K: I'm not sure what you mean when you saying "leaving" the country. Do you mean temporarily or permanently? Definitely spend time outside of the country but it's up to the person whether he or she wants to leave. I don't necessarily consider people who leave permanently quitters, nor do I think people who stay are necessarily patriotic.

Living in a place where you're a complete outsider is unnerving. At the same time, It's only when you realize how completely unimportant you are that you find out it is actually quite ok to be nothing. That is very liberating since it essentially means there is nothing to be afraid of.

I know for sure being out of Singapore for sometime has gained me a lot of perspective. I understand myself a lot better and I've become a braver person and a braver filmmaker because of that.
L: 'Come' was made in Korea as well. Now 'Sink' in Thailand. You're based in New York City now - for work or study or...? Is that where you'll make your next film?
K: I've actually made a film in NYC titled "Cold Noodles." It's part of my coursework in school. I'm doing my Masters in Film Production at Tisch, NYU.
L: Where do you feel most at home?
K: For sure, Singapore. In Thailand and Korea, no one understood me even though I thought I knew the language. In New York, my accent completely stands out.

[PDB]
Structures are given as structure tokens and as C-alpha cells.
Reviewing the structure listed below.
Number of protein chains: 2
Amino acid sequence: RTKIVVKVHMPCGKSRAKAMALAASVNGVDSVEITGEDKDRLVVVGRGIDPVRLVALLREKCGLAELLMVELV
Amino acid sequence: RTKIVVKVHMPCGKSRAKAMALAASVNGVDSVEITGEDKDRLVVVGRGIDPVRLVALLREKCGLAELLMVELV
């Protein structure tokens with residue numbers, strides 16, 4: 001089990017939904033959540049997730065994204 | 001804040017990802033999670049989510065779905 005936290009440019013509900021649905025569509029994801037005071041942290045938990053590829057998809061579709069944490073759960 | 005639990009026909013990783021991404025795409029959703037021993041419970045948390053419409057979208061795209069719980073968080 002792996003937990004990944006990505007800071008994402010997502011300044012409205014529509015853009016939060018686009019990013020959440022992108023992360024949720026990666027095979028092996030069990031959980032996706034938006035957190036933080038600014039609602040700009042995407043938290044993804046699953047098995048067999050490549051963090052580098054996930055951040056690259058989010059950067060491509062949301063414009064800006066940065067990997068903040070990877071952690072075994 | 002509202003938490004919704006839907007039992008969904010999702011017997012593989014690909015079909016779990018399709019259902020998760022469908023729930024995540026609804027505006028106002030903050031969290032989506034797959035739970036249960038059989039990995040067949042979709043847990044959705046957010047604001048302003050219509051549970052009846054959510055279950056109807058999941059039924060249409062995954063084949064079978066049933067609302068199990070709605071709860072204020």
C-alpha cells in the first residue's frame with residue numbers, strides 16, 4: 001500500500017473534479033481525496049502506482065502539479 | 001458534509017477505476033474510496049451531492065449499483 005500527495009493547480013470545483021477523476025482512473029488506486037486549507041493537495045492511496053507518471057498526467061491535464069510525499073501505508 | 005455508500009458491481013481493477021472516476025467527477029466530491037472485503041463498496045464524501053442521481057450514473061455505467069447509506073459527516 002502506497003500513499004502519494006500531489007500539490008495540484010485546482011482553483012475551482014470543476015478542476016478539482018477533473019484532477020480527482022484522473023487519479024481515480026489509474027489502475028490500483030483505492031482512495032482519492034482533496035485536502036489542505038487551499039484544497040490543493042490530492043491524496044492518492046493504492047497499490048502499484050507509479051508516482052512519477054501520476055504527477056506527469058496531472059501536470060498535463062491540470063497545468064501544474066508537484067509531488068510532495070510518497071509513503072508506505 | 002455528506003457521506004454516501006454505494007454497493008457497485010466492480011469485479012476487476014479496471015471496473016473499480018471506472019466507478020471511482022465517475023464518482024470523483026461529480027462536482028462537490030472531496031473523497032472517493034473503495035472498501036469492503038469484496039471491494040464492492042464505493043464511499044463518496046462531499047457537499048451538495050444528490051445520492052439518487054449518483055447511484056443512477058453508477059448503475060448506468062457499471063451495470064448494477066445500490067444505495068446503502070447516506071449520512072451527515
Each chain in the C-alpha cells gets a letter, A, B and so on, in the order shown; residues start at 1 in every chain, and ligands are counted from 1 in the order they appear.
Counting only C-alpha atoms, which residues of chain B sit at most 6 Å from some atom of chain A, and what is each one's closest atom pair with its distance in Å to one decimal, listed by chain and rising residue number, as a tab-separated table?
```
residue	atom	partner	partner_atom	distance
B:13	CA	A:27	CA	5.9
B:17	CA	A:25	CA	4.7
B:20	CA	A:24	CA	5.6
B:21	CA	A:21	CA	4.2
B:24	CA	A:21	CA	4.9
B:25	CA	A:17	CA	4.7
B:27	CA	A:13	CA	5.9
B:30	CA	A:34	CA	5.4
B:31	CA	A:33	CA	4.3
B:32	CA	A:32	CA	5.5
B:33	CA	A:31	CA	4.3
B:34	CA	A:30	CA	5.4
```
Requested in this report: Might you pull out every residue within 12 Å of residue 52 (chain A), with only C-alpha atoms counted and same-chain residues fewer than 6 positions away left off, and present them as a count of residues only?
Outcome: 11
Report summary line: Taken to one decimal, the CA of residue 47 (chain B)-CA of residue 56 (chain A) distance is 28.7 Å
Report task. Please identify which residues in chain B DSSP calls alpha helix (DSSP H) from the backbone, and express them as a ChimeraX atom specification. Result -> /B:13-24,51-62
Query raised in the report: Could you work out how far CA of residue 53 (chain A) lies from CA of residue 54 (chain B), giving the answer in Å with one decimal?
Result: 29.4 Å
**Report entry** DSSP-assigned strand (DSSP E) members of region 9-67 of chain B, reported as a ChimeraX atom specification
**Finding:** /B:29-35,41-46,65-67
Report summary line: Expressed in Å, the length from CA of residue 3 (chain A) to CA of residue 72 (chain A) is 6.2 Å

L: Will you come back to Singapore to make films?
K: I don't know where I'll be after New York. I think the most inspiring thing about film is that the film-making has brought me to so many places. I have no plans for now but I know I will eventually go back to Singapore because that's where I feel most comfortable.
L: Do you have anything else to add before I ask the last question?
K: Not really.

L: Last question might take some time. It’s something I like to ask local filmmaker friends. What are the top 5 movies you wish you'd made? (This is just a fun question, please feel free to not take it TOO seriously or intensely. And note: it's top 5 movies you WISH YOU MADE, not top 5 fave movies!)
K: Ok, off the top of my head:

1) Cinema Paradiso
2) Band of Outsiders
3) The Professional (Leon)
4) Elephant
5) Days of Being Wild
6) ... I'm sure I can continue rattling on
Kirsten’s Sink is currently in competition at the 22nd Singapore International Film Festival (14 – 25 April 2009).
Previous Post Next Post

Contact Form